“Business unit leaders are instrumental in helping to establish the strategic initiatives at the Business Unit level and ensuring alignment with the higher-level strategic goals,” Pope said. “At Atrion, there are three high-level organizational strategies and each business unit’s strategic initiative align with one-to-two of these strategies. Each department in the business unit then works as a team to create one-to-two measureable strategic goals that drive performance of the business unit and subsequently the organizational strategic goals.”
The second area of concern is when organizations undertake improvement initiatives that aren’t supportive of the business demands and linked to the strategic objectives, Pope said. How do you know your employees are improving the right indicator? Lean provides a method for systematically identifying waste and its elimination using a hypothesis-based improvement approach connected directly to business value.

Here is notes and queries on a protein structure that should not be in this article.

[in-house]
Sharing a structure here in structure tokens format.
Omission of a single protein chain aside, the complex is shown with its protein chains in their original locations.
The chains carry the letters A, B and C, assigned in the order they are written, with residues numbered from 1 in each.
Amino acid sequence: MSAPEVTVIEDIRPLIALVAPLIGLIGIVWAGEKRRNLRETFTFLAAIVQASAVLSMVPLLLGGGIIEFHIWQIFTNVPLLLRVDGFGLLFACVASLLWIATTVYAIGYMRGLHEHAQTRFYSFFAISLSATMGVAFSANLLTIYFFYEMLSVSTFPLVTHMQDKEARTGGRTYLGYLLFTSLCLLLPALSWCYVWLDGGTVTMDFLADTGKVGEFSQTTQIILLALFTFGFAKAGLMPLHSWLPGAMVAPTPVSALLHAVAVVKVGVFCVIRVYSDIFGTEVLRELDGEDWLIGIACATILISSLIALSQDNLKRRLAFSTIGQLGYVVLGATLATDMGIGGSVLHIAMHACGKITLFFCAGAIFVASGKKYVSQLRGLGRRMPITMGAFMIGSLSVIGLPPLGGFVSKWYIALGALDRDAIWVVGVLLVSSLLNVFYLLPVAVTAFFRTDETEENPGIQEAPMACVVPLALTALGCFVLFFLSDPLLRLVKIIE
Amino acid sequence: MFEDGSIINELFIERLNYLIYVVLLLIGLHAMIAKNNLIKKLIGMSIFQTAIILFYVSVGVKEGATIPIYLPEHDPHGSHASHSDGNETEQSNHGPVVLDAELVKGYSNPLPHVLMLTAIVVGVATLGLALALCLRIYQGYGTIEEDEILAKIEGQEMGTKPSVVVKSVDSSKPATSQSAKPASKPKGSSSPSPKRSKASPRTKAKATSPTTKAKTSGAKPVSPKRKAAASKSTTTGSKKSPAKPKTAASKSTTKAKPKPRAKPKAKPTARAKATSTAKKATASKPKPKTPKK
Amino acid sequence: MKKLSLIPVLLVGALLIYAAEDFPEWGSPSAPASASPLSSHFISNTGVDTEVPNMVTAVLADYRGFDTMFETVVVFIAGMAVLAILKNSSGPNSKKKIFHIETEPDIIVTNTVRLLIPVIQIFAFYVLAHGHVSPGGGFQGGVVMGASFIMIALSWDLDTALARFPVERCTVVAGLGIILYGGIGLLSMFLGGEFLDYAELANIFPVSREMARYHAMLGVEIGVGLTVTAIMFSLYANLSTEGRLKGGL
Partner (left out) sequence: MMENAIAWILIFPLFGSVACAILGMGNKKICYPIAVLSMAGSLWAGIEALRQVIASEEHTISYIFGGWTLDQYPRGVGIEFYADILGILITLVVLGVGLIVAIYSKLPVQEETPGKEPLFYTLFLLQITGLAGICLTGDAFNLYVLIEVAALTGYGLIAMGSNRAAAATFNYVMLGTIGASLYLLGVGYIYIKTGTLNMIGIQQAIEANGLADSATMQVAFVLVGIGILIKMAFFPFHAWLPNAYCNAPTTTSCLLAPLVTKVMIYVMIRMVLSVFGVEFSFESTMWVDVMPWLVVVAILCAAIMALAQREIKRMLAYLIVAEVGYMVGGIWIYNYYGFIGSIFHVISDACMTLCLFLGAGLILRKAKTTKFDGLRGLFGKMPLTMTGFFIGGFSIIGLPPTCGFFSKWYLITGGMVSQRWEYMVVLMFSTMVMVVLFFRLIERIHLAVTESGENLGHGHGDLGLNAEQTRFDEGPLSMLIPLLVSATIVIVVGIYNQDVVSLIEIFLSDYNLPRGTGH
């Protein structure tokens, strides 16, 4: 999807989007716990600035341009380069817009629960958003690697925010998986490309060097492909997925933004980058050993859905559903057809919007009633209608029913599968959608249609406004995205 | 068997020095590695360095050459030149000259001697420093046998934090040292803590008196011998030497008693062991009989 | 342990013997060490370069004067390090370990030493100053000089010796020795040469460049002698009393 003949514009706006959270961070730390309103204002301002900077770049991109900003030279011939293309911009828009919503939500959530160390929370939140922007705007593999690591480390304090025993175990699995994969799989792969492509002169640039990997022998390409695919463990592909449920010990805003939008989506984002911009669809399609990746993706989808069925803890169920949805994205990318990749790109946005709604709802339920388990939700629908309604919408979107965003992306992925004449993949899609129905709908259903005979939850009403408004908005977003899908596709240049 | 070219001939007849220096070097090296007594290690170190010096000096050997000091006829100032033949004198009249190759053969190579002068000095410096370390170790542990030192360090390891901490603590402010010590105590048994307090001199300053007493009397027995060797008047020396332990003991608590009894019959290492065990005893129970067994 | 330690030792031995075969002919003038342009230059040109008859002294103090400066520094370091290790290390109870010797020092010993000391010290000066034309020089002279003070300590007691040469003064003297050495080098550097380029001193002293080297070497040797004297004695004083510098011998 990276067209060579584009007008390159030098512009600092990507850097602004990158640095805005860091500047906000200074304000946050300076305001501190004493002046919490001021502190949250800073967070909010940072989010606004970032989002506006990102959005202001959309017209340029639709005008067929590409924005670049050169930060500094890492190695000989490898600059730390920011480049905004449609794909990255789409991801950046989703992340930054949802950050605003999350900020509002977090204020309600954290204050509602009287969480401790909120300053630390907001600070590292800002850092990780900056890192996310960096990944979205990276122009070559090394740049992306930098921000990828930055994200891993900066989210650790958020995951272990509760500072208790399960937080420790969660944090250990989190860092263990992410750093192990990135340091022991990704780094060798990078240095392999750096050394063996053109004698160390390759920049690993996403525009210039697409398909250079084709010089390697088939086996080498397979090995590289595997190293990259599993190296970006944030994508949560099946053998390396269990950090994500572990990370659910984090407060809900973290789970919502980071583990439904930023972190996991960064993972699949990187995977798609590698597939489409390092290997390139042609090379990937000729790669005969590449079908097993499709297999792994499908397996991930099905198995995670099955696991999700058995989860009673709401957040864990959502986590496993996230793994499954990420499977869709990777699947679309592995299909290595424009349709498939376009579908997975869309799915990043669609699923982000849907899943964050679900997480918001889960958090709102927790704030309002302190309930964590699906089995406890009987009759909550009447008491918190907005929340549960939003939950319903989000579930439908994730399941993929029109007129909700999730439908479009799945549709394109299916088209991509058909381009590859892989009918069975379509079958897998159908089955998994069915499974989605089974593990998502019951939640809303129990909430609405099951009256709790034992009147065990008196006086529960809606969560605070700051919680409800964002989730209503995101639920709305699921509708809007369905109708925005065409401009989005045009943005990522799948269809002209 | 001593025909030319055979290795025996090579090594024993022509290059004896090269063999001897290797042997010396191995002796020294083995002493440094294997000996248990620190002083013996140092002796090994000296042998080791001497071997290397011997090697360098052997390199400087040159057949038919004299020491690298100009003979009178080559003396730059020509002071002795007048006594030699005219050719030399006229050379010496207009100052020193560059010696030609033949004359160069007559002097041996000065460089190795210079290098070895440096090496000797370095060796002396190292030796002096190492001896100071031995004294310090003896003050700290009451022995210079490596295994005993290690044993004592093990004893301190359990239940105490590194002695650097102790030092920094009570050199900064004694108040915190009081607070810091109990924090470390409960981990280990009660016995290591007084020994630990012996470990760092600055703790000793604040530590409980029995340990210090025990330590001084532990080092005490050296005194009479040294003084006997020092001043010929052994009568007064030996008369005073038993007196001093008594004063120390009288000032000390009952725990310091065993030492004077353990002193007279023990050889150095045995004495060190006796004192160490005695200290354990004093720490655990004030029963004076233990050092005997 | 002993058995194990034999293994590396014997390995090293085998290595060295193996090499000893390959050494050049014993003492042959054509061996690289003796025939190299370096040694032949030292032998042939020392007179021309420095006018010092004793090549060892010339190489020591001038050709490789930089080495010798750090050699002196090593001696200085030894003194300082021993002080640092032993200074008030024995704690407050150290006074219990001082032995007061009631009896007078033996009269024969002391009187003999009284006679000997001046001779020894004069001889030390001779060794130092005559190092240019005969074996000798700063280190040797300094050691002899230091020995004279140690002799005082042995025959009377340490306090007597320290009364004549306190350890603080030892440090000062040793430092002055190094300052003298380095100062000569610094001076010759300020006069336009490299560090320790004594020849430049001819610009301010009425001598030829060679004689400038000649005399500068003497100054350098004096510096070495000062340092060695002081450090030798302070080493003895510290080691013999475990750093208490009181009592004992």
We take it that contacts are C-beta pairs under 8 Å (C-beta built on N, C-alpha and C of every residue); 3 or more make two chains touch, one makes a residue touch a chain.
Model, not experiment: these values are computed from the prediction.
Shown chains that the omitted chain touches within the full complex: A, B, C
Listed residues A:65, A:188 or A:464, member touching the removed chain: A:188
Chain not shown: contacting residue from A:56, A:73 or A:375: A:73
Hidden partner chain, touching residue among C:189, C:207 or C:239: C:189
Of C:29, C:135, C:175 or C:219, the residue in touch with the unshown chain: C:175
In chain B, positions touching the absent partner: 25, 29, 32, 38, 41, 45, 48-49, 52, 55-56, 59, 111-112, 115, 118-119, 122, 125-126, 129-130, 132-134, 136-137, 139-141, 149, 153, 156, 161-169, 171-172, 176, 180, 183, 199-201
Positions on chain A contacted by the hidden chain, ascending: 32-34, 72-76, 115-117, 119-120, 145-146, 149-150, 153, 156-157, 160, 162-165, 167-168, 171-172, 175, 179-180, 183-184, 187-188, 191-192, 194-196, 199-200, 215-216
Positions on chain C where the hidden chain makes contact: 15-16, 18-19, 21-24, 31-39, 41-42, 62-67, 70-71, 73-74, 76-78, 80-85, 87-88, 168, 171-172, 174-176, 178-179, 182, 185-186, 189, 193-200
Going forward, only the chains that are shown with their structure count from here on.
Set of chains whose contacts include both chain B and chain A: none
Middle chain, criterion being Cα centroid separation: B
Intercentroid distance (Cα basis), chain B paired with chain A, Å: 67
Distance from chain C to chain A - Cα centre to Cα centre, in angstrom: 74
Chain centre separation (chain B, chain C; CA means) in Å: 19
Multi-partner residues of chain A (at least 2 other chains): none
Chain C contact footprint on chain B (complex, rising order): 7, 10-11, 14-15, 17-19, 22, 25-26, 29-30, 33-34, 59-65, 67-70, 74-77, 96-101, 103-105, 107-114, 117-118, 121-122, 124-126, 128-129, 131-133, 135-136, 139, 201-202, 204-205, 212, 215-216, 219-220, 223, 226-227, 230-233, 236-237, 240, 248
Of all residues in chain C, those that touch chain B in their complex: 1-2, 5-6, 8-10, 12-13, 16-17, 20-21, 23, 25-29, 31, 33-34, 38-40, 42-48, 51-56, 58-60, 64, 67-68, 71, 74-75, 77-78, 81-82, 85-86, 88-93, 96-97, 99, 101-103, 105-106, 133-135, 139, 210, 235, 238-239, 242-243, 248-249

The following Q&A session between CIO Insight and Pope touches on communications standards, a Lean project launch and more.
CIO Insight: How does Atrion ensure that employees are working on the right stuff?
Pope: Typically it was the biggest pain points or the areas that were bleeding the most that were getting the attention first. We then formalized an approach where as an organization we organized the priority process improvement areas by urgency and impact to the business. Our Business Process Manager then orchestrates the process of launching a Lean project, creating the project charter, formalizing the project team and running the Lean team’s sessions. Employees are empowered and encouraged to utilize the Lean tools for process improvement within their departments as the needs arise.
Many organizations have no communication standard to support collaboration and consensus-building to help employees learn how to improve. The benefit of Lean is the involvement of people working collaboratively at all levels of the organization with a common improvement methodology. While technology is important, only people can solve problems, learn and remove waste. Facilitating cross-functional project teams to identify and initiate change is what drives results.